In Europe, sales are up strongly, but carmakers are fretting about Chinese EVs, which are just as good as theirs but cheaper.
Solar energy is doing great in the U.S., set for record growth of 32 GW this year, “helped by investment incentives under the Inflation Reduction Act,” Reuters reported recently. It appears nobody really cares what happens when the sun goes down over all those gigawatts. Battery storage is far behind solar in terms of capacity.
Solar is doing great in the EU, too, also thanks to heavy subsidies, only there is a shortage of qualified installers, and local panel producers are grumbling against Chinese imports that are, according to the industry, killing them.
So the EU recently essentially declared a selective trade war on China through the mouth of EC president Ursula von der Leyen. China warned there would be consequences at a time when the country has become a major exporter of fuels to Europe thanks to the Russian fuel embargo.
The price of energy is going to continue higher in both Europe and the U.S. All because of an ill-conceived transition away from hydrocarbons.
Meanwhile, Nigeria’s oil output could increase to 2.1 million barrels per day by December 2024 after the country secured $13.5 billion in investment pledges over the next twelve months from oil majors.
The companies agreed to invest a total of $55.2 billion by 2030 – including the $13.5 billion over the next twelve months – to lift crude production, according to a statement from the president’s office.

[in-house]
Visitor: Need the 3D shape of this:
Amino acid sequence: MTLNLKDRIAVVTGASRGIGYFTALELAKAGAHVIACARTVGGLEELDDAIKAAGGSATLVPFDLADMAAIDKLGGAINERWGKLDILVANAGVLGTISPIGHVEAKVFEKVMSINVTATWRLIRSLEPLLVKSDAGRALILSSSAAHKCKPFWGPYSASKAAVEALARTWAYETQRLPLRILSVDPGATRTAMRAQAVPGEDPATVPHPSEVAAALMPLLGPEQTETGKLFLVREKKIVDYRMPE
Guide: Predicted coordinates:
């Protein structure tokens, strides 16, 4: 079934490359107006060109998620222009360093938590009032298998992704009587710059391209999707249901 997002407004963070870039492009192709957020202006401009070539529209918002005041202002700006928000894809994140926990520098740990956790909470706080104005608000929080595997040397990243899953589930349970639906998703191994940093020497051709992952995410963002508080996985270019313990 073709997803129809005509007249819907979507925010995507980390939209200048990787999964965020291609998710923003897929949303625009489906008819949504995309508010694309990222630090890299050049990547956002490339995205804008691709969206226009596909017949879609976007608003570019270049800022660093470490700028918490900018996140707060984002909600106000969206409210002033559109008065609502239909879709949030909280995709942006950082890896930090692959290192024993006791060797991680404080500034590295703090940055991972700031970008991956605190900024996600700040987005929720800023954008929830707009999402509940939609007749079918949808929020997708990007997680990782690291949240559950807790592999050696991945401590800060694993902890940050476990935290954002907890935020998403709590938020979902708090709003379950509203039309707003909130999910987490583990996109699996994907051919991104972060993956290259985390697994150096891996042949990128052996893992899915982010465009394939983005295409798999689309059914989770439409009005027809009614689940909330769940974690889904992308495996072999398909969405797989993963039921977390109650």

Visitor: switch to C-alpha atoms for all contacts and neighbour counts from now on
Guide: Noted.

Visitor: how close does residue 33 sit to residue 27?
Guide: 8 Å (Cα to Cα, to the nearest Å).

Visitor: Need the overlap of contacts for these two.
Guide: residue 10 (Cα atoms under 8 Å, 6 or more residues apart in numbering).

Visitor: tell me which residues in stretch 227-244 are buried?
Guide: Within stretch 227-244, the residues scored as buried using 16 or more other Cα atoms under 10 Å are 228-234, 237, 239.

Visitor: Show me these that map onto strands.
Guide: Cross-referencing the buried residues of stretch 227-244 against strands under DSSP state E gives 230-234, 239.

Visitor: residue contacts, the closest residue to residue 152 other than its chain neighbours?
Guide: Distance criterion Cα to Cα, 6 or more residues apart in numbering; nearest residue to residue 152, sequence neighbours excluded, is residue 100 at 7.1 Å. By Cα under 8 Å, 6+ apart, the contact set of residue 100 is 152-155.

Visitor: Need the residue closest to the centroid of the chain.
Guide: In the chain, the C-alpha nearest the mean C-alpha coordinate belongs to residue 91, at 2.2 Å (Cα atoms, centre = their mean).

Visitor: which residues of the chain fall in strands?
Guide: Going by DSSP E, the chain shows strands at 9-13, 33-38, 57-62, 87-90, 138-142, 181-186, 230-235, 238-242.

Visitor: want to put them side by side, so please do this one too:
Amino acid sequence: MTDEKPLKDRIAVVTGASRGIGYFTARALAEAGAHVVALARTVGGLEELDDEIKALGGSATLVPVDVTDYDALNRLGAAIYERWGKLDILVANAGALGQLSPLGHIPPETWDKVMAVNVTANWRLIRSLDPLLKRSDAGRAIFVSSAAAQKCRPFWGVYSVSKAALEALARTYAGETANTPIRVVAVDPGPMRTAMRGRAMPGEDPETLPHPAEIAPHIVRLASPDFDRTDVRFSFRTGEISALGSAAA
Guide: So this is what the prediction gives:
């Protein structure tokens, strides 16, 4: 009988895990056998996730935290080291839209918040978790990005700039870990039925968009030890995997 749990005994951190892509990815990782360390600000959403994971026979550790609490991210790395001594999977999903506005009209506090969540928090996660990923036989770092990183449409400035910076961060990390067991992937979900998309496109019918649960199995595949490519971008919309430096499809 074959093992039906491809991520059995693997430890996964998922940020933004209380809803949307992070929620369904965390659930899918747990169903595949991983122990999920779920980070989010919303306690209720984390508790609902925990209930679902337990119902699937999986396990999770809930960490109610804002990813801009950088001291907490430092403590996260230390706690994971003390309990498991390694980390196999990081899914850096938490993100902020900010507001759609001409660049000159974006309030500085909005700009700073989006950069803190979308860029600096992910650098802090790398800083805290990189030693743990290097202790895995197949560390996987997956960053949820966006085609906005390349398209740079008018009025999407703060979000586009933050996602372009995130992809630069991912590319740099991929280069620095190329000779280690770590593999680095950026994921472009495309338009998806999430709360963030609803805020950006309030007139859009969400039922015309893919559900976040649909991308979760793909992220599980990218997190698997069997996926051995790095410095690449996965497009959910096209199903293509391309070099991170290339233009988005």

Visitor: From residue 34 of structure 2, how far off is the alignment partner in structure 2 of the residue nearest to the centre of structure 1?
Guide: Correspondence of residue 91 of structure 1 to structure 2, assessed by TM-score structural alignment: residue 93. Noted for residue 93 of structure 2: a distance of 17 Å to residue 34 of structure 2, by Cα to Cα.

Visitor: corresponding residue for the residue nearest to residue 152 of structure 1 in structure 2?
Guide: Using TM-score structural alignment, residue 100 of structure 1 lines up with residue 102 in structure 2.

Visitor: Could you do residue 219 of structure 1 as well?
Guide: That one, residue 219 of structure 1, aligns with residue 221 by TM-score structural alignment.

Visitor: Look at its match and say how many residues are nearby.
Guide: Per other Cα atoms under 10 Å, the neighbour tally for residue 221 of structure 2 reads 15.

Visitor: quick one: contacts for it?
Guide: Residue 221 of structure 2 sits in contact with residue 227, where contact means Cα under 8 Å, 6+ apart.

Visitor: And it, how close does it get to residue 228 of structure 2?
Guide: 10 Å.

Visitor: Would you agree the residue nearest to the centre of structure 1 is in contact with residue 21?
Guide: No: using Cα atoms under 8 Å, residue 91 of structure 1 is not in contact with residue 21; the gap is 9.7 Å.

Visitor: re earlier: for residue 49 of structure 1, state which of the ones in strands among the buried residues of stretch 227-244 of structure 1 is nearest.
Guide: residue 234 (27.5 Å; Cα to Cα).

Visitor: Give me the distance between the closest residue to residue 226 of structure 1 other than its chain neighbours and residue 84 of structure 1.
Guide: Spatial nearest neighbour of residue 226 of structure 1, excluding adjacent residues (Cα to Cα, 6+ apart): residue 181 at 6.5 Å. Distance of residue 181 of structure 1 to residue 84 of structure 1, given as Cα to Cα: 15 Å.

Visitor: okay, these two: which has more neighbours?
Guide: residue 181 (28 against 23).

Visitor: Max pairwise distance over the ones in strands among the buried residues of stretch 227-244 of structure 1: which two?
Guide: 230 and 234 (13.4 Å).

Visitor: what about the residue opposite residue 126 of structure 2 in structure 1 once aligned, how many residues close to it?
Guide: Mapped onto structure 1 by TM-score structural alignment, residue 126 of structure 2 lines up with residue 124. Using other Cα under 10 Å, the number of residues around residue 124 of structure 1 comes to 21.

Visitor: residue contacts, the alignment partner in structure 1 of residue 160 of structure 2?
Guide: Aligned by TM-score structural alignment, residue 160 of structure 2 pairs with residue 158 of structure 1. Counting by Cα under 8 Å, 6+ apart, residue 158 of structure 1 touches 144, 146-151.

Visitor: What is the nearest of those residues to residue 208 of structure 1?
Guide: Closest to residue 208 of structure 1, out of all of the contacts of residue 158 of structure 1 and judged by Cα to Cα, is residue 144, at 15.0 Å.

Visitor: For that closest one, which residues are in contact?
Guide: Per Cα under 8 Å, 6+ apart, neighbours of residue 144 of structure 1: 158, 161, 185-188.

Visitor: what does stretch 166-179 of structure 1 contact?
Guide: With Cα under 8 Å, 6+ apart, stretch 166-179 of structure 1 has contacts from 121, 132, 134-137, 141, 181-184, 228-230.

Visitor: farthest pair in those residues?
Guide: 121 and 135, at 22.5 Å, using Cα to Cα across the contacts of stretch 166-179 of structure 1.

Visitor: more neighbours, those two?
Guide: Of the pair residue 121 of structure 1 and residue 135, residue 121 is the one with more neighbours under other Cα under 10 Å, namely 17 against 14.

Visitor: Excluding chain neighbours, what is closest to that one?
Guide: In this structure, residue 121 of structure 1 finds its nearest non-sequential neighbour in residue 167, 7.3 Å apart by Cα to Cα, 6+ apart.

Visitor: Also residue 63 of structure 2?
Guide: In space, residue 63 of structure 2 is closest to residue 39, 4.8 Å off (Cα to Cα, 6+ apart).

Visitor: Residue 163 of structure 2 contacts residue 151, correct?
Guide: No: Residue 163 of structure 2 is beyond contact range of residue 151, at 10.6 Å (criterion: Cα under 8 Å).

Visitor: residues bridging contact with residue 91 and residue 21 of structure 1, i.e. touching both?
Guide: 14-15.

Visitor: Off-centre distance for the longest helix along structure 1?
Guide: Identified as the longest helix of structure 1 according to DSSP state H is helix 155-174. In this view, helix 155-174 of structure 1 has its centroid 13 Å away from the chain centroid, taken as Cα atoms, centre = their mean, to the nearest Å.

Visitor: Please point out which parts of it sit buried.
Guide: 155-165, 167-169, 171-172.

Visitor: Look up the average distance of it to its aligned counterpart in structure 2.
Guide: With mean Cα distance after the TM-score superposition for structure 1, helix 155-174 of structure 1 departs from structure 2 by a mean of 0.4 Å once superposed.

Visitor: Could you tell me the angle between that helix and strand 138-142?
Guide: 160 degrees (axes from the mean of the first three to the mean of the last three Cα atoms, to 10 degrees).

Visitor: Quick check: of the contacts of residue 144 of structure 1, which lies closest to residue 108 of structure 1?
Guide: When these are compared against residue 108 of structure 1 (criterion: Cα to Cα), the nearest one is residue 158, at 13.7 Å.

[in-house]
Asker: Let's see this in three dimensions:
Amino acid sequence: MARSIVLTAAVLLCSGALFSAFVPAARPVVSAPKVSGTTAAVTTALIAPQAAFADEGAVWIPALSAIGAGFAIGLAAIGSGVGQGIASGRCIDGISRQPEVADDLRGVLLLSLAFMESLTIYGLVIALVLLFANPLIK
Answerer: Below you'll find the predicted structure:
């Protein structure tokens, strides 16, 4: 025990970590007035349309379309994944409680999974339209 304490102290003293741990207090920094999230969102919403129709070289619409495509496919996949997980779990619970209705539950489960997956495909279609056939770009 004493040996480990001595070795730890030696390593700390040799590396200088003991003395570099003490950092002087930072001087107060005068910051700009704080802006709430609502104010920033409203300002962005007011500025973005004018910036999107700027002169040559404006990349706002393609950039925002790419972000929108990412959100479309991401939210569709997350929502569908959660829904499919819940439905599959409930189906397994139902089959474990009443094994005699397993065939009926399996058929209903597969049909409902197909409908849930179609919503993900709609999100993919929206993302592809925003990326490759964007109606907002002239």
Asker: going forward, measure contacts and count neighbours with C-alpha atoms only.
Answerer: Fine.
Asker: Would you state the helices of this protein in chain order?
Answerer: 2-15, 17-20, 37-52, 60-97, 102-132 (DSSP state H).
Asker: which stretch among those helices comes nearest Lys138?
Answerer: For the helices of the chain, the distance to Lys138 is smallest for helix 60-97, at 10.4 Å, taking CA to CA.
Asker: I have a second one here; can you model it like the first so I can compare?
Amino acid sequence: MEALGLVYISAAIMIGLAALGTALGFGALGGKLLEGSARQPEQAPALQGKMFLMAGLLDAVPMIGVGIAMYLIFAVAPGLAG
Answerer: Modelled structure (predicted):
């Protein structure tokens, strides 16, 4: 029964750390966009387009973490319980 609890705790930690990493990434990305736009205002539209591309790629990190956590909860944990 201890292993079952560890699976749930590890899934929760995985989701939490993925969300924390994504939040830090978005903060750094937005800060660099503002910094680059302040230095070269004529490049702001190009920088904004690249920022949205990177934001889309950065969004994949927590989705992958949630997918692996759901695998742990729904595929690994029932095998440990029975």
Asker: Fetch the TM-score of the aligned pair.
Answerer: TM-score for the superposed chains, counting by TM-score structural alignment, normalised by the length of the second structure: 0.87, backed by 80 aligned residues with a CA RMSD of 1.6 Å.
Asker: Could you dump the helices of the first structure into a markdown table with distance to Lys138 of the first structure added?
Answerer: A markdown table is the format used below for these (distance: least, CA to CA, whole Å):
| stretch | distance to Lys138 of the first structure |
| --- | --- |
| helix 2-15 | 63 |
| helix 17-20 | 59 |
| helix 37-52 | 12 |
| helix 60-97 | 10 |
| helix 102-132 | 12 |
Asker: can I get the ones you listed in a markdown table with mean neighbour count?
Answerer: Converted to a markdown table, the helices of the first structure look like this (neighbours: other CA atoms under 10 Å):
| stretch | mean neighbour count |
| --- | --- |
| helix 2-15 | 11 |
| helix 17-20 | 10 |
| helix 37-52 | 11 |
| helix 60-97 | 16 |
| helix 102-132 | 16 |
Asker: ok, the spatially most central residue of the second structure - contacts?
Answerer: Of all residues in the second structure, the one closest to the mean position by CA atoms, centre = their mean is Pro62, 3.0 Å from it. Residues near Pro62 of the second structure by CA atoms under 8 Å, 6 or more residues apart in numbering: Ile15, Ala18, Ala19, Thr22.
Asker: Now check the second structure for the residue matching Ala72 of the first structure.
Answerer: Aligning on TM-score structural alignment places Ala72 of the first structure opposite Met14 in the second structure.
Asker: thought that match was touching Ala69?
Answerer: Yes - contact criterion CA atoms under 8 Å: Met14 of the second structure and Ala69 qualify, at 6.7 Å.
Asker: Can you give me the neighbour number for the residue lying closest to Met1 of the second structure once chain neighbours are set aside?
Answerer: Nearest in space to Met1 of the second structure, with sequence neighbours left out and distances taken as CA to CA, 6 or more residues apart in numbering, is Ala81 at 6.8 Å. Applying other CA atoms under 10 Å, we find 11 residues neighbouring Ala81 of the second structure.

Nigeria’s oil output stood at 1.18 million bpd in August 2023, according to the Organisation of Petroleum Exporting Countries (OPEC), meaning production would nearly double by end of next year.
Nigeria is the top oil producer in Africa but large scale oil theft has over the years cost the country billions of dollars, while dwindling investment in the sector has also curtailed output.
The losses from theft and a lack of new projects have reduced oil exports sharply, eroding foreign currency earnings in Africa’s biggest economy.
President Bola Tinubu has previously pledged to raise the country’s oil production to 2.6 million bpd by 2027, and the investment commitments could help deliver his promise.
The proposed investments are also expected to lead to a 100 per cent increase in gas production by 2027, exceeding Tinubu’s campaign pledge of 20 per cent growth in that time, the statement said.
Tinubu’s special adviser on energy, Olu Verheijen and the Nigerian Upstream Petroleum Regulatory Commission, held meetings with fifteen foreign and domestic oil and gas companies operating in Nigeria to secure the investments.
Chevron, Total, Shell, Exxon Mobil, Seplat, Heirs Holdings, Waltersmith, First E&P, were among the oil companies that took part in the meetings, the statement said.
“We are faced with a revenue crisis which is impacting all Nigerians,” Verheijen said in the statement.
“Tinubu is actively seeking ways to grow revenue and forex to stabilize our economy and currency; and the oil and gas sector remains critical to our ability to do so despite current production levels falling significantly short of our potential.”